Why is Holi Celebrated and What is Its Significance ?

Why is Holi celebrated

Holi is synonym to bhang and rang for any Indian. This festival of colors is related to social, cultural and biological characters and has mythological significance, than merely pleasing the eyes. Holi is referred as festival of colors. It is celebrated in the Phalguna month on the full moon day that falls between Feb-March. Like all other festivals, Holi in India has represents victory over evil. Water and colors are thrown and in association is loud music and drums.

 Why did we start..? 

There is a legend relating the initiation of Holi. Hiranyakashipu, the king in ancient India was almost a demon. He wished to take revenge for the death of his younger brother by killing Lord Vishnu. The king prayed and acquired a boon that he saw himself as God.

The cruel kind had a son, Prahalad, a Lord Vishnu’s devotee. His father, the kind disliked his son worshipping Lord Vishnu and planned to kill his son as his son denied worshipping his father, the king.  The cunning king asked ‘Holika’, his sister to sit on pyre of fire as she was fire-immune with Prahalad on her lap and the aim was to burn his son. But his son started chanting Lord Vishnu’s name and so Holika got burnt, while Prahalad was safe. Later, Lord Vishnu killed the king Hiranyakashipu.

The death of Holika is connected to Holi festival. In states such as Bihar, a bonfire is lit before the Holi day evening in remembrance of the evils death.

The colours became a significant part as it dates to Lord Krishna, another Lord Vishnu’s reincarnation to play Holi with his friends at Gokul and Vrindavan. They played pranks and made it an event. It is also a spring festival saying bye to winters that it is associated in some parts of India with spring harvest and the new crops are a part of happiness.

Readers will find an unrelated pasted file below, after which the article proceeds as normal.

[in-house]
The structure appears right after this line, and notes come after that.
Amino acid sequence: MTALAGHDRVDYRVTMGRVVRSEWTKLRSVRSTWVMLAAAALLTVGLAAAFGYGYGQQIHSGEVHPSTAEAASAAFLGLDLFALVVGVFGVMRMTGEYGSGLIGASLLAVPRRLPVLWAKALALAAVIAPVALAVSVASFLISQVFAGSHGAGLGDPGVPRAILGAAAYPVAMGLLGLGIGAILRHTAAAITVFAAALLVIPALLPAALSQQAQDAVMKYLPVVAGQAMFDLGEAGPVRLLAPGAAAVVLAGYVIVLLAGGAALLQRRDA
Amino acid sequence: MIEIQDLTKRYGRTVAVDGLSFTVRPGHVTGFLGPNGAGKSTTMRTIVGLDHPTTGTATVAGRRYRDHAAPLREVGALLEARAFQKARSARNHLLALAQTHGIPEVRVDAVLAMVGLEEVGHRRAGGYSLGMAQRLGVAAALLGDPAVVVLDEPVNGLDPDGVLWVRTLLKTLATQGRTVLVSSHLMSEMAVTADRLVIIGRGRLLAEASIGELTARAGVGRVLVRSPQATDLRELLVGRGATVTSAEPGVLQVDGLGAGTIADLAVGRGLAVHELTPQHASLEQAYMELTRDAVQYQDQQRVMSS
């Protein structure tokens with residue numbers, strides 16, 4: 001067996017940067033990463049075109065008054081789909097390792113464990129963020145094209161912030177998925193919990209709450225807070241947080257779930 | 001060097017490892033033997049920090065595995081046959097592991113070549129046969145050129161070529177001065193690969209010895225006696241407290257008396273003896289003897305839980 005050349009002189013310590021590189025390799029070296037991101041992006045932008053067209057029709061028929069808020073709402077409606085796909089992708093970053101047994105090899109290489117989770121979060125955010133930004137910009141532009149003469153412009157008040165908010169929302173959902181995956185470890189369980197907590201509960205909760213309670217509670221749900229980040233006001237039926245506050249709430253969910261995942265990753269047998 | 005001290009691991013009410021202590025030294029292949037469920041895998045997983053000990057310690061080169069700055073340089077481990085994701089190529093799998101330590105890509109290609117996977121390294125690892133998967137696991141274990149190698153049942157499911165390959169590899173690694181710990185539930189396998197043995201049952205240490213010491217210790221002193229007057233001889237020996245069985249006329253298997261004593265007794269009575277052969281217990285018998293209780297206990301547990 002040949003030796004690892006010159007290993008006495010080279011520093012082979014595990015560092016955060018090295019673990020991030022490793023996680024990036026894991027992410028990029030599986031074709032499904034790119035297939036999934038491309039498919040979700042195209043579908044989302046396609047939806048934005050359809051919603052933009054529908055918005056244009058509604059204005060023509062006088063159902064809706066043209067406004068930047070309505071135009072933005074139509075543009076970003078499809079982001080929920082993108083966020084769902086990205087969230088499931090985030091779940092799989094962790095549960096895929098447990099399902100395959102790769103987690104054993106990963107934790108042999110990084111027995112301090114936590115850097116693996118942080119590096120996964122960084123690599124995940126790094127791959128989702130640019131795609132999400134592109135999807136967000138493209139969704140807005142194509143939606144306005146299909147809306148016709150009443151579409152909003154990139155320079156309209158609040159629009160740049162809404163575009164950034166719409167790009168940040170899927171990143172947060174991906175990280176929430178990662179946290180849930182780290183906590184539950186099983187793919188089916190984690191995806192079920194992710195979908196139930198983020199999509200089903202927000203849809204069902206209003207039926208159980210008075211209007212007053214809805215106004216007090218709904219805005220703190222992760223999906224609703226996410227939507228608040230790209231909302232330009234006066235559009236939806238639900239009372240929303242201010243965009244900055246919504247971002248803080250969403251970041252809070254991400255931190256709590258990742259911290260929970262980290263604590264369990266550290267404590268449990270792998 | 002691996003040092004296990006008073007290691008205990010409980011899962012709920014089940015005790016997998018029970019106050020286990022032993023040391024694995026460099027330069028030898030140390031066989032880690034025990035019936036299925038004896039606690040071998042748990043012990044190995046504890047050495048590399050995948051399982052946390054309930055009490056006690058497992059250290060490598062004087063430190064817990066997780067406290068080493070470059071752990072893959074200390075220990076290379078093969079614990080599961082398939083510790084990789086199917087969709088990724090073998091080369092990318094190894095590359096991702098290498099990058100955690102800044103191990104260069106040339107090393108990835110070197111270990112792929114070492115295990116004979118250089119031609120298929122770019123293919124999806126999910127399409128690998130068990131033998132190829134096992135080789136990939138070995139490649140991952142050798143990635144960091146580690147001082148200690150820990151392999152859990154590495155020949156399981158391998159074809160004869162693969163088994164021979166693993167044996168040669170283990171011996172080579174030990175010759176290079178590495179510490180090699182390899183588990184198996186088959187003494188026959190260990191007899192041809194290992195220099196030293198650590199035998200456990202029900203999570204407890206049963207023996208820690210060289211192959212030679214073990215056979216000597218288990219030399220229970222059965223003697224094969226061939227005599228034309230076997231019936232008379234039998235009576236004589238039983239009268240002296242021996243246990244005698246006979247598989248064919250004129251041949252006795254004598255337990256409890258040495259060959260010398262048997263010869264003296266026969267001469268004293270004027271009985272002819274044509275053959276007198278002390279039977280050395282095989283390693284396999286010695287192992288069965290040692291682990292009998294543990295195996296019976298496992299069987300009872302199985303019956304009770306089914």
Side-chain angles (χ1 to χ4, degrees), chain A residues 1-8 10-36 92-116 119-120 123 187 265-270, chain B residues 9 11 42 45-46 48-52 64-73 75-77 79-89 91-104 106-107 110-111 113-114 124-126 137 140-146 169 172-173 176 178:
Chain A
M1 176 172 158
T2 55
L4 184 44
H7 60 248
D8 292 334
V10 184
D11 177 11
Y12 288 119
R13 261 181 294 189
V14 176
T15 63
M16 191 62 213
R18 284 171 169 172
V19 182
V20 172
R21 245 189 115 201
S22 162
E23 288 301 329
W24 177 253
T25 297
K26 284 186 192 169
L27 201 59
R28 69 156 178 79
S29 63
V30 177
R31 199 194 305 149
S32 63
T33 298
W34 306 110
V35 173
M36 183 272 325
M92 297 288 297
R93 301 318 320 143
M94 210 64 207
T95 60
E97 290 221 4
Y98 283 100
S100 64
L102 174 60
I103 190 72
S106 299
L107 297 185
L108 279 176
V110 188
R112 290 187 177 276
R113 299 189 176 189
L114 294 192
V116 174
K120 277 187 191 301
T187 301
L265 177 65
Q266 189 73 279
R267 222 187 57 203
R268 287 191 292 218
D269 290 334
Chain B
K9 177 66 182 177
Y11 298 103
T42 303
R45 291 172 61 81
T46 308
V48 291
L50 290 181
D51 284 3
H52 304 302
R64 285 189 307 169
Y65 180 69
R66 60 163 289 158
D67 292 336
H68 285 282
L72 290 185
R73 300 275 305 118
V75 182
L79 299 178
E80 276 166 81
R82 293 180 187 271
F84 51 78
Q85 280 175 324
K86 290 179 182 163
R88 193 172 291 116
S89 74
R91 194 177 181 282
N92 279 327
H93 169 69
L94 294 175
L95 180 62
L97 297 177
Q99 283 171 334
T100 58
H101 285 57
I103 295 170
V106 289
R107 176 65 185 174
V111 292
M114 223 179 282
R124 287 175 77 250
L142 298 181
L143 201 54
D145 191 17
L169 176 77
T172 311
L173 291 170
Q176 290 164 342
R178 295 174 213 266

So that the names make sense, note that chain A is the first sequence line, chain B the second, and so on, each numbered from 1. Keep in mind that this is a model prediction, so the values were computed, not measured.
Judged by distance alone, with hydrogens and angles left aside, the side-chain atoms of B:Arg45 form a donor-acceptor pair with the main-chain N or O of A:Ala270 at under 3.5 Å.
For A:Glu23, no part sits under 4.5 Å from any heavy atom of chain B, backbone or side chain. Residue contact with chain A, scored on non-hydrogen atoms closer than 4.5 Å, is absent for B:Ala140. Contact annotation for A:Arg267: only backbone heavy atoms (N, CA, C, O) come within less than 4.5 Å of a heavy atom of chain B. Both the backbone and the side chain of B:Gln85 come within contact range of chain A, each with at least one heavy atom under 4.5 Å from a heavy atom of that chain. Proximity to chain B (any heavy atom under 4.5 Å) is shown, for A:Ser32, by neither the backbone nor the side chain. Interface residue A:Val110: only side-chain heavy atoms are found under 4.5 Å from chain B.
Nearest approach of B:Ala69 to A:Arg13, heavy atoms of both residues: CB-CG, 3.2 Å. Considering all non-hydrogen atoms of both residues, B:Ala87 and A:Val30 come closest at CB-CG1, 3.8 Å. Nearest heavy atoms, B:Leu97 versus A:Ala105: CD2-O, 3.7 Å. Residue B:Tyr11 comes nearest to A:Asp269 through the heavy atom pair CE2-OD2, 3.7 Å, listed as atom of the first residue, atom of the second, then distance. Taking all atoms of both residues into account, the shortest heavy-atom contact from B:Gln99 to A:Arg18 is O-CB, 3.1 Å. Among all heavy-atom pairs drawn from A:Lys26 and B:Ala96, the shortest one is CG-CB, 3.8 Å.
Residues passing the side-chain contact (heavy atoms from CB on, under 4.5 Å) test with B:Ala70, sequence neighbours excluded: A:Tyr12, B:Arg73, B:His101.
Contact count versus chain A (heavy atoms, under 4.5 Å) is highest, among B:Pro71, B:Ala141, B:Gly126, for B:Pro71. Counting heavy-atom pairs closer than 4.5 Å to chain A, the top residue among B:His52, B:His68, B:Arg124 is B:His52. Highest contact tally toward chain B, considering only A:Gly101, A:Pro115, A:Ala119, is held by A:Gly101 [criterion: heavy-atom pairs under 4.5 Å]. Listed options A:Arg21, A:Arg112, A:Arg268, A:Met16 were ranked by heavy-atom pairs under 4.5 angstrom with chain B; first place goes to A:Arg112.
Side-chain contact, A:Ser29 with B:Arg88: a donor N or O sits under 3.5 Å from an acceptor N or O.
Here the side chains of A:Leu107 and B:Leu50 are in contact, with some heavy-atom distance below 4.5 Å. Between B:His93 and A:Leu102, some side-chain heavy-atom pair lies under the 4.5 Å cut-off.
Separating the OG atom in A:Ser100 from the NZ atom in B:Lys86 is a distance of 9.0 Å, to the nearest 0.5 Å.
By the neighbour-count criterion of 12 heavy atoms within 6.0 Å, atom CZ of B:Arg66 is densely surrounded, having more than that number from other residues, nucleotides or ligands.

How is it celebrated?

Holi is a Hindu festival and is also mentioned in the religious books. Even ancient temples have Holi sculptures on walls.  Earlier Holi colours were from ‘tesu’ or ‘palash’ tree flowers and were referred to as gulal. These colours were good for skin and had no inclusion of chemicals. But now the colours definition has changed. Today people use harsh colours having a combination of chemicals. In fact, even fast colours are used.

The Holi celebrations are not actually a one day festival, but it is for three days such as:

Day 1: This day is ‘Holi Purnima’. On the full moon day, coloured powder and water are kept ready on a plate in small brass pots. This begins with the male eldest member sprinkling colour on his family members.

Day 2:  The second day is referred to as Puno. On this day, the images of Holika are burnt by lighting bonfires and the story of Prahalad and Holika is remembered and also narrated to small kids. Mothers take their babies around the bon-fire in clockwise direction seeking the Fire God blessings.

Day 3: This is a very special day referred to as ‘Parva’ and is the final day for Holi celebration. The water and the coloured powder is mixed and smeared on each other. Lord Krishna and Radha deities are worshipped while smearing each other with colours. It is a day of fun and music.

 

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